Magazine article Supervisory Management

The Job Description: More Than Bureaucratic Control

Magazine article Supervisory Management

The Job Description: More Than Bureaucratic Control

Article excerpt

The Job Description: More Than Bureaucratic Control

Human resources make up the most costly component in the white-collar workplace. For all the dollars you're spending on people, how do you ensure a payback? You start by using the job description correctly.

An effective job description is relevant and accurate. It can become the basis for periodic "audits" of your staffers, tying actual descriptions to what the staffer is supposed to do.

Common complaints

Job descriptions are needed by personnel departments - but the supervisor must realize that the description should represent how he or she wants the work structured. The supervisor must give the relevant information to personnel - the "what and how" of the job.

Many job descriptions are too long. In fact, they often read more like task lists or operating procedures. Whatever the format, a job description should be brief and cogent. It should have just enough information to evaluate the job (for personnel administrators) and adequate description of major duties and responsibilities (for supervisors and employees). Moreover, a job description should not take hours to complete. The supervisor should be knowledgeable enough to define employees' major duties in a relatively short time - with a minimum of "word-smithing."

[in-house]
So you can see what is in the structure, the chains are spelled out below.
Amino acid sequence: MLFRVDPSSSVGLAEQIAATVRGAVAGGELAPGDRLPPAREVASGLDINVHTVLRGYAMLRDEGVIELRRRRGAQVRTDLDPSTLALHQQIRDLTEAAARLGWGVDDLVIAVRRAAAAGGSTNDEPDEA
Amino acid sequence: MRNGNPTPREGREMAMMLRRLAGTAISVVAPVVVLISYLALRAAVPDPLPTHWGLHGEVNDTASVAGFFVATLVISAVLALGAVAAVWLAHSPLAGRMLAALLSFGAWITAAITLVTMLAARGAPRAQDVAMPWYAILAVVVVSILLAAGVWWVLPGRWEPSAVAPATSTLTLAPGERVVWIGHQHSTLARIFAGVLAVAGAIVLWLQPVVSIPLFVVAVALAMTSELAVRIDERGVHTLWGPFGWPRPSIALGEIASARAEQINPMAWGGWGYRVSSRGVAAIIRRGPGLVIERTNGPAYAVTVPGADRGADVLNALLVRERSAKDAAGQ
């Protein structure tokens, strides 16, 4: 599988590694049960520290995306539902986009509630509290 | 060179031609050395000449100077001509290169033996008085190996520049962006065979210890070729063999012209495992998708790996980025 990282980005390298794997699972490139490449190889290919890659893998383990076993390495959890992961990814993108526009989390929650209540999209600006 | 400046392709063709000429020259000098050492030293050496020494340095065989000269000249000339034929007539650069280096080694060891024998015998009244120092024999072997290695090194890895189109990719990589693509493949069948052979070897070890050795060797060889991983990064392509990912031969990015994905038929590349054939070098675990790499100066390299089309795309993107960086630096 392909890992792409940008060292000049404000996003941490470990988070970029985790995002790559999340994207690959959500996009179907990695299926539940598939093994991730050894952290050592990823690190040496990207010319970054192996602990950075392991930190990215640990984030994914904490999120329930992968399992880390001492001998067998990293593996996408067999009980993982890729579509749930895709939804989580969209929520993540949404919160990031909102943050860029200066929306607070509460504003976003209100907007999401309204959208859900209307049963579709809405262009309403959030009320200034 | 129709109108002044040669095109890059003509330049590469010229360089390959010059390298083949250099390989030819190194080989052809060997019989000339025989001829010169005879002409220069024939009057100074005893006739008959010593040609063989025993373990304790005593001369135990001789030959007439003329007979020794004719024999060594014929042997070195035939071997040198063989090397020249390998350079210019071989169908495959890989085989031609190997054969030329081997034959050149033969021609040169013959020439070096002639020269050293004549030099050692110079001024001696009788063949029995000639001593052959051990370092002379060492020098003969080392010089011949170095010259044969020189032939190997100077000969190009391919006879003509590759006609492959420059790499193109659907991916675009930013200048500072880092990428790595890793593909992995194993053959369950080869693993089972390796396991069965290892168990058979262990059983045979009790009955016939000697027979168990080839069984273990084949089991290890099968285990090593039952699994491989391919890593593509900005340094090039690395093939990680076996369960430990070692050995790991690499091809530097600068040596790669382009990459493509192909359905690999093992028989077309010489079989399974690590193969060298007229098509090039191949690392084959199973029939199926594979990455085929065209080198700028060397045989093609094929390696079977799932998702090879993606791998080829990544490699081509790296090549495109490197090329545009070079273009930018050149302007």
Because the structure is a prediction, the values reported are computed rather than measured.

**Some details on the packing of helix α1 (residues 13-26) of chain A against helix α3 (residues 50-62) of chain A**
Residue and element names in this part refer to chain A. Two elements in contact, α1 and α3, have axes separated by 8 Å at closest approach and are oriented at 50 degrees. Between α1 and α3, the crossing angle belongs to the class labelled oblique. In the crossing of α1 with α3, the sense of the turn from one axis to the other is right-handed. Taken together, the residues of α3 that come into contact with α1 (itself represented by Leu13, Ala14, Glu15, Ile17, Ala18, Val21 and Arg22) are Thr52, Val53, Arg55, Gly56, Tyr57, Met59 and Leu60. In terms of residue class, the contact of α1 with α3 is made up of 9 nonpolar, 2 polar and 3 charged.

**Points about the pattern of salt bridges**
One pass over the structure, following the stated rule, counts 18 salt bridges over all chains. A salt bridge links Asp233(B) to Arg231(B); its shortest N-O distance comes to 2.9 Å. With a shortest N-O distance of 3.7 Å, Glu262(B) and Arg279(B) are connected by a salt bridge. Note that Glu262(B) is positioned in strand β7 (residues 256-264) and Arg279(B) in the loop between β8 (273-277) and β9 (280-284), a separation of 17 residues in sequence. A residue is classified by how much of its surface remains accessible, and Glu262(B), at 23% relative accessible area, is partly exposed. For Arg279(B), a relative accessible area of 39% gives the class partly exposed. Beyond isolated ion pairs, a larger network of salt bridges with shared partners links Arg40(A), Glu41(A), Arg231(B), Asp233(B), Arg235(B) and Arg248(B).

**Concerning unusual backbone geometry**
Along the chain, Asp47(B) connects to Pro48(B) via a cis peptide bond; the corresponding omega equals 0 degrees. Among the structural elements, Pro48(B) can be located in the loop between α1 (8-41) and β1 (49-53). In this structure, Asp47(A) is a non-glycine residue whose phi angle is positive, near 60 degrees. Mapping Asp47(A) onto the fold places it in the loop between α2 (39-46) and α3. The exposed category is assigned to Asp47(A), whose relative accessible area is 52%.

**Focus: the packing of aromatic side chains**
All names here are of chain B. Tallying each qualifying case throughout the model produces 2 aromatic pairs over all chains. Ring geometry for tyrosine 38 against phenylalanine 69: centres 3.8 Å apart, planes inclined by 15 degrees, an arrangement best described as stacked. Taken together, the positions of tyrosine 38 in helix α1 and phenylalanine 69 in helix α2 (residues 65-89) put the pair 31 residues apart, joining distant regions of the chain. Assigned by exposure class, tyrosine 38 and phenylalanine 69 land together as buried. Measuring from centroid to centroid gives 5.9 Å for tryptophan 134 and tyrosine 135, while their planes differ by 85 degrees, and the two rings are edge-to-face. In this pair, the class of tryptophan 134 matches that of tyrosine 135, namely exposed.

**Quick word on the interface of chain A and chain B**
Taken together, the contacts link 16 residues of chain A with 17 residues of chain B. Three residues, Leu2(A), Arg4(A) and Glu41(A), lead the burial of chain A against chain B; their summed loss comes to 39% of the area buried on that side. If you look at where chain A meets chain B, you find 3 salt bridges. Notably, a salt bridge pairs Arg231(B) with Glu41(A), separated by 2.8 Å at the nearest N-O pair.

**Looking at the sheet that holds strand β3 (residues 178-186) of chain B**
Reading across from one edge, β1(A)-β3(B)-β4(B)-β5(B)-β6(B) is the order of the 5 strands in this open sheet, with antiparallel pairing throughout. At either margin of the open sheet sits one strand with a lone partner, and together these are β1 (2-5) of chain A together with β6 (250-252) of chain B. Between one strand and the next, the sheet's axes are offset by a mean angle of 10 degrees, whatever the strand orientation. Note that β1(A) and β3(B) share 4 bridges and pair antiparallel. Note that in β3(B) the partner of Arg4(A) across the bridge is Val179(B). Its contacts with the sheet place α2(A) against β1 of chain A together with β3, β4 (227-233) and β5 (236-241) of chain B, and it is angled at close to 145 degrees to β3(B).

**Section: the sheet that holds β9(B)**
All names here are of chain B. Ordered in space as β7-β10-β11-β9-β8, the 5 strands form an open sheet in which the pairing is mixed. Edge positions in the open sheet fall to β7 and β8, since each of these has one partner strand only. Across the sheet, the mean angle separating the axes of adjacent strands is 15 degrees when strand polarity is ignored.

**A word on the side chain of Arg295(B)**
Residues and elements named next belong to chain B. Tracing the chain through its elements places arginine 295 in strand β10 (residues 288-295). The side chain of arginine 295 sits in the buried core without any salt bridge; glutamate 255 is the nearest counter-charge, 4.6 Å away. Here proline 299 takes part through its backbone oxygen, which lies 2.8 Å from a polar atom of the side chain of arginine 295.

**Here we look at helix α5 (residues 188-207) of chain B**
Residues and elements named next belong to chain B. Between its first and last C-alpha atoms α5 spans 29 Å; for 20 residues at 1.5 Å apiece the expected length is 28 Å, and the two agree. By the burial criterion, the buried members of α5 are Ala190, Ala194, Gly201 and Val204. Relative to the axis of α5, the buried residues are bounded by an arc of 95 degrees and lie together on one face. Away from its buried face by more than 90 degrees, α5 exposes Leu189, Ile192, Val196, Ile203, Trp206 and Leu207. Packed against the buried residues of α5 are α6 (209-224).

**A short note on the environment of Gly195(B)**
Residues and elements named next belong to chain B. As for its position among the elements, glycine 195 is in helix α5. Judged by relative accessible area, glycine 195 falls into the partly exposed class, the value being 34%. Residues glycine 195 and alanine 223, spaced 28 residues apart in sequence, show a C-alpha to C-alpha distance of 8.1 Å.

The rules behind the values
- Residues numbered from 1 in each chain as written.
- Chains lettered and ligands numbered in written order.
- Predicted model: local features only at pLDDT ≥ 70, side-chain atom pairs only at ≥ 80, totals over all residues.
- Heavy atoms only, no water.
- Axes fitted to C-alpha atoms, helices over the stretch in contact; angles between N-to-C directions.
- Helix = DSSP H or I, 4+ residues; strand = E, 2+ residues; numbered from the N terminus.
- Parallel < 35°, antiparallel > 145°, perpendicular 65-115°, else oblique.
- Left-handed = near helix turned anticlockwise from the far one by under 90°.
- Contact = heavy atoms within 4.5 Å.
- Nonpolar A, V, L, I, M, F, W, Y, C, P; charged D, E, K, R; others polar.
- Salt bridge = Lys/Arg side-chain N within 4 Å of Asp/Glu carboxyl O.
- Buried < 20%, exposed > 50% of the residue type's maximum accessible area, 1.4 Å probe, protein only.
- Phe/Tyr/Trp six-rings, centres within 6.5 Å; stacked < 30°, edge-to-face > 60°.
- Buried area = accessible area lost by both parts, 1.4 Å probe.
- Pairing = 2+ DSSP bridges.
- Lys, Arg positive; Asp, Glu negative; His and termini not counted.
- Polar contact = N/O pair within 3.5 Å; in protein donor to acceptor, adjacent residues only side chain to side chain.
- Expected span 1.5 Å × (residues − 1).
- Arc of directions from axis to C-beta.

A properly structured job description encompasses broad and general responsibilities, thus eliminating the danger of becoming quickly outdated. it should focus on the nature and kind of decisions and recommendations of the job rather than the procedural steps. A periodic review for minor revisions and a complete revision every few years should suffice.

Writing the job description

Begin with what you know. All too often we succumb to writer's block - we freeze and don't know where to begin. Make a list of the most important aspects of the job, keeping the list to no more than ten. These are your end-products or services.

Identify the "hows." For each aspect you've listed, describe the conditions the employee must meet to accomplish the "what." The descriptions will vary in complexity depending on the tasks. A basic administrative job will have clearly defined procedural methods; a more senior position might involve more analytical evaluation.

This is the beginning of job analysis. You start with general steps and become more specific. Then you have to fit the job description into what your personnel department requires. Certain functions or aspects might have to be listed or presented in a particular way, for example. …

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